William C. Marcoux reviews the evolution of US property/casualty reinsurance regulation over the past 10 years and examines the reinsurance issues likely to be addressed at the start of the 21st century.

Ten years ago, reinsurance was at the centre of a fierce debate over the quality and structure of insurance regulation in the United States. In February 1990, Congressman John Dingell, then chairman of the powerful Committee on Energy and Commerce in the US House of Representatives, issued a stinging critique of insurance regulation in the US in a report entitled Failed Promises. The report charged, in part, that “reinsurance abuse has been a key factor in every insolvency studied. The level of reinsurance has been excessive, the quality has been poor and controls on reinsurers have been minimal or nonexistent.”

After the spectacular collapses of several US insurers, including Mission Insurance Company, Ideal Mutual Insurance Co., and Transit Casualty Co. and faced by the scathing criticism of Representative Dingell, and others in Congress, insurance regulators scrambled to plug what was widely seen as a hole in the dyke of state regulation.

Through the late 1980s and early 1990s, state regulators adopted a number of new regulatory proposals and considerably enhanced their monitoring of reinsurance transactions. They substantially modified the cornerstone of US reinsurance regulation, the National Association of Insurance Commissioners (NAIC) Credit for Reinsurance Model Law. They adopted a new Model Credit for Reinsurance Regulation, a new Reinsurance Intermediary Model Act. In addition, the regulators pursued significant changes to the financial statements filed by US insurance companies to provide for greater reporting of and control over cedants' reinsurance programmes.

During the last half of this decade, there have been relatively few regulatory issues involving reinsurance. The reinsurance industry itself, however, has undergone dramatic change with an accelerated rate of consolidation and globalisation. At the same time, there has been excess capacity in many lines resulting in depressed (and in some instances dangerously inadequate) rates, the emergence of competition from capital markets and changing distribution systems. It appears, however, that the recent period of calm regarding reinsurance regulation is ending. New solvency concerns have been raised regarding reinsurance as a result of the financial difficulties of the workers' compensation pool managed by Unicover Managers, Inc. and the financial distress of some reinsurers. As a result of these, and other market developments, the NAIC decided at its Fall 1999 meeting that the NAIC's Reinsurance Task Force will be reconstituted in the year 2000, for the first time in six years.

At this point it may be useful to review the evolution of property/casualty reinsurance regulation over the past ten years. I propose this exercise not as a simple millennium retrospective, but to illuminate the reinsurance issues that will likely be addressed at the start of the 21st century.

The following is a brief chronology of the major events in reinsurance regulation over the past ten years.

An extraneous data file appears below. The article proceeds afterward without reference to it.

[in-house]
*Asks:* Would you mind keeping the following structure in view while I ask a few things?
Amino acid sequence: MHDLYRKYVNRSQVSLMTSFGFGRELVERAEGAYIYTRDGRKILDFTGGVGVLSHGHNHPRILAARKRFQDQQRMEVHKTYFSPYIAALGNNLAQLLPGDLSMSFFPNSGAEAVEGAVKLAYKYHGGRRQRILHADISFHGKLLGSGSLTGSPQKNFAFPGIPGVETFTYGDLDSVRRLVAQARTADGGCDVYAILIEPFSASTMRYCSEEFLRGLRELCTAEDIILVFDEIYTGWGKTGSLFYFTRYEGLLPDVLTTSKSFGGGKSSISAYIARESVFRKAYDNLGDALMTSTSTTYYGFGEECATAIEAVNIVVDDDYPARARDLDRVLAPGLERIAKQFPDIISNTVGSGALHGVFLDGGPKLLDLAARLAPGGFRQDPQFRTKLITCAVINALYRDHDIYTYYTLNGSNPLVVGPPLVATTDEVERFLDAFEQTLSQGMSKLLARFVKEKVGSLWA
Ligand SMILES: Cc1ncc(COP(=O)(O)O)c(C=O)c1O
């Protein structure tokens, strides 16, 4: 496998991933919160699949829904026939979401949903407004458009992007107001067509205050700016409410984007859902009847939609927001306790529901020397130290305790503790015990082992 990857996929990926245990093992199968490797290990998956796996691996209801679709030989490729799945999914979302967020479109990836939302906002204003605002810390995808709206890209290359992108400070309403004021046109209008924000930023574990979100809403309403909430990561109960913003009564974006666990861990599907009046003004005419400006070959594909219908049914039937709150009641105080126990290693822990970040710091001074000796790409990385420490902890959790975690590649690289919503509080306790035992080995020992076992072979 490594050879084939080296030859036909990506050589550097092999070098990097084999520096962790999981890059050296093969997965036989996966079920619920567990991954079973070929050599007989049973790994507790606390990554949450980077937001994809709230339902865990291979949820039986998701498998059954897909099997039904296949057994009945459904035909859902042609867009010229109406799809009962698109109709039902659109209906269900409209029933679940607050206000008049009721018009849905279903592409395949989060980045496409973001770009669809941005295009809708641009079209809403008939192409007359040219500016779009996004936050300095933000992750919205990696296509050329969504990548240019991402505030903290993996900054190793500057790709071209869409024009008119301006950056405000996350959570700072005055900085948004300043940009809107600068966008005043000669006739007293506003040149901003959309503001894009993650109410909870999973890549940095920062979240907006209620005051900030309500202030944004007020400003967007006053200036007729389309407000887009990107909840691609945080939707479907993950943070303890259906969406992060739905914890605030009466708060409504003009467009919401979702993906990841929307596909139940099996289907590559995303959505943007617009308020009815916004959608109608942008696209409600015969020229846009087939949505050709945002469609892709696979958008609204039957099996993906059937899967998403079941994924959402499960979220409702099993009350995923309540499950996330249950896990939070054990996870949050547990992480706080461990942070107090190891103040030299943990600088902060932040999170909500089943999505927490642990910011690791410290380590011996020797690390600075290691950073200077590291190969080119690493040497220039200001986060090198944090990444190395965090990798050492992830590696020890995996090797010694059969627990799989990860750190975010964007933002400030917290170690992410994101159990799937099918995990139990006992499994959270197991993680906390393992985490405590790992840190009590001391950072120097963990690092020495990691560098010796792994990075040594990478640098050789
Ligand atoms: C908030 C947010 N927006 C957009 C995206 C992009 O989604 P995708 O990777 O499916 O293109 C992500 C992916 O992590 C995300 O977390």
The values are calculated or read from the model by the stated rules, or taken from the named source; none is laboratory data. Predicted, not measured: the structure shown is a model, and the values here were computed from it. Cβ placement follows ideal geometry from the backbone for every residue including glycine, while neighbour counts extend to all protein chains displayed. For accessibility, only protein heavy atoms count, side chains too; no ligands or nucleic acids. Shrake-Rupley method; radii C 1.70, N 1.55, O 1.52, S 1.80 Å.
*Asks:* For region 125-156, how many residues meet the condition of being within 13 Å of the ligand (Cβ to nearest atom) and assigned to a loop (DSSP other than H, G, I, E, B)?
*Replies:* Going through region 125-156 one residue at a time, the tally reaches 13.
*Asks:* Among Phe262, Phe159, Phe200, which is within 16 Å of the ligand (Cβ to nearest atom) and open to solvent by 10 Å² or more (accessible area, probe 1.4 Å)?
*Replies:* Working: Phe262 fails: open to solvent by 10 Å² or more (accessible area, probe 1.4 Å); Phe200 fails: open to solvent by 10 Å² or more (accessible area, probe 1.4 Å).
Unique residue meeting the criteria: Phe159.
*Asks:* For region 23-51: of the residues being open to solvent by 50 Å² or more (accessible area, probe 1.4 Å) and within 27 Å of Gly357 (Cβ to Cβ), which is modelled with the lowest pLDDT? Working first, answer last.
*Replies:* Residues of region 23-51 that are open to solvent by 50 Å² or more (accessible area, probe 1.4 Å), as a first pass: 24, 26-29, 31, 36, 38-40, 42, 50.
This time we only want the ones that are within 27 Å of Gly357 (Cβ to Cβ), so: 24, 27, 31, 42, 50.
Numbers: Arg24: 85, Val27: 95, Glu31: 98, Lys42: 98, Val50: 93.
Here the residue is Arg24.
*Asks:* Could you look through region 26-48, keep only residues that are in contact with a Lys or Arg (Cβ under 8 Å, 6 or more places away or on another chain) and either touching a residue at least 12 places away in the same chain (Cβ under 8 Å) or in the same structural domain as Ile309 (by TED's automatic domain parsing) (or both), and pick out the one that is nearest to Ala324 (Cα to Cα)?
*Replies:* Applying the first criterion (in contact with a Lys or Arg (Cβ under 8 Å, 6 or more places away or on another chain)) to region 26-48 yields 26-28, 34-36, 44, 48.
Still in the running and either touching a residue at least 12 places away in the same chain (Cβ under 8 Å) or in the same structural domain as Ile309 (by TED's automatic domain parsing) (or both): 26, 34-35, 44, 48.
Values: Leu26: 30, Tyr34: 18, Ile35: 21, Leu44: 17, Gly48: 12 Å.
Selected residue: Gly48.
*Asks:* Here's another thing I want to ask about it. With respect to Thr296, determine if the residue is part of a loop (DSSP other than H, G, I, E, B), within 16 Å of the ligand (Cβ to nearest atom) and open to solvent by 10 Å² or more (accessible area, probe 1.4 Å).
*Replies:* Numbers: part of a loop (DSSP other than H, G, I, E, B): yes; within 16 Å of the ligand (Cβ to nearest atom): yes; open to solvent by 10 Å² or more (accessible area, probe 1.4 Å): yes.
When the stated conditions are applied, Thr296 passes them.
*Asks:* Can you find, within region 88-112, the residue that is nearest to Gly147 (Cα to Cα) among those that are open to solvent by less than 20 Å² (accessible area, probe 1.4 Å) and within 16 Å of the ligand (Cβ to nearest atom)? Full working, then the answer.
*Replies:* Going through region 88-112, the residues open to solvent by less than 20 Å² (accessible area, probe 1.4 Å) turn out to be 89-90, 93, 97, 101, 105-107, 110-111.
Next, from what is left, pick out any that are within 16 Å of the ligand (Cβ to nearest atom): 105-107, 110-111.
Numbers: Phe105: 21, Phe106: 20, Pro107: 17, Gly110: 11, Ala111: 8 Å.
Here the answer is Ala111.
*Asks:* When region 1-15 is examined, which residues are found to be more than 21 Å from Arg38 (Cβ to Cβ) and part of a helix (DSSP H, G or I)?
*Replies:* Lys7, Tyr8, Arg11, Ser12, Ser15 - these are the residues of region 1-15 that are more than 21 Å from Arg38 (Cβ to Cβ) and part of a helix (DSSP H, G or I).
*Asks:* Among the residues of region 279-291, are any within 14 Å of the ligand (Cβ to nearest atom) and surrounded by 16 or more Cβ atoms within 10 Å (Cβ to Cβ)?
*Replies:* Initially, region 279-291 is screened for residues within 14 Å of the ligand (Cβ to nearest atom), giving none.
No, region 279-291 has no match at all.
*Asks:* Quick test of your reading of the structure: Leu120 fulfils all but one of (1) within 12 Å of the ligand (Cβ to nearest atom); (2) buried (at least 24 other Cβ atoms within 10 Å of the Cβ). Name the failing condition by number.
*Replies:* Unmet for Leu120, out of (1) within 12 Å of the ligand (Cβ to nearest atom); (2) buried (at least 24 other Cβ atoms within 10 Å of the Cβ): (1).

1989: After more than five years of debate, the NAIC's Reinsurance Task Force, and ultimately the plenary of the NAIC, adopted substantial revisions to the NAIC Model Credit for Reinsurance Law. As most readers know, this law sets forth standards which must be met in order for a US ceding company to count reinsurance protections as an asset or deduction from liabilities on its financial statements. Essentially, the reinsurer must either be licensed in one of the states in the United States, or post collateral in the form of letters of credit, acceptable trust funds or funds withheld.

The 1989 changes in the law were largely directed towards non-US reinsurers. They related to the standards and reporting requirements for reinsurers who establish multi-beneficiary trust funds in the United States for the protection of their US cedants. In addition, changes were made to the standard form of letter of credit. These changes, although reasonable, were pursued and debated in an environment which was highly critical and suspicious of the role of non-US reinsurers in the US marketplace. Stimulated by regulators' fears of the unknown, and by aggressive lobbying by some domestic interests, the regulatory debates and press articles of the day were filled with claims of an uncontrollable market of alien reinsurers running roughshod over US interests.

1990: The NAIC adopts its Reinsurance Intermediary Model Act, after more than 10 years of debate. This law established new licensing requirements for reinsurance intermediaries and imposed restrictions on the types of activities in which they could engage.

The NAIC also adopts its accreditation programme. This programme established minimum requirements for state insurance departments to become accredited regulators. The Model Credit for Reinsurance Law and Credit for Reinsurance Regulation and Reinsurance Intermediary Law become mandatory requirements for accreditation. This leads to a dramatic increase in the number of states which adopted the Model Law on Credit for Reinsurance and this law becomes the standard of the land.

1991: Regulators work on fine tuning the credit for reinsurance standards, but they move away from the adoption of significant new model laws and model regulations affecting reinsurance. US regulators, however, find a more efficient means of controlling reinsurance transactions, by way of accounting standards and annual statement reporting requirements. The changes required much greater detail concerning assumed and ceded reinsurance programmes by US ceding companies. Insurance regulators and the Financial Accounting Standards Board adopted significant rules concerning risk transfer requirements for financial reinsurance transactions.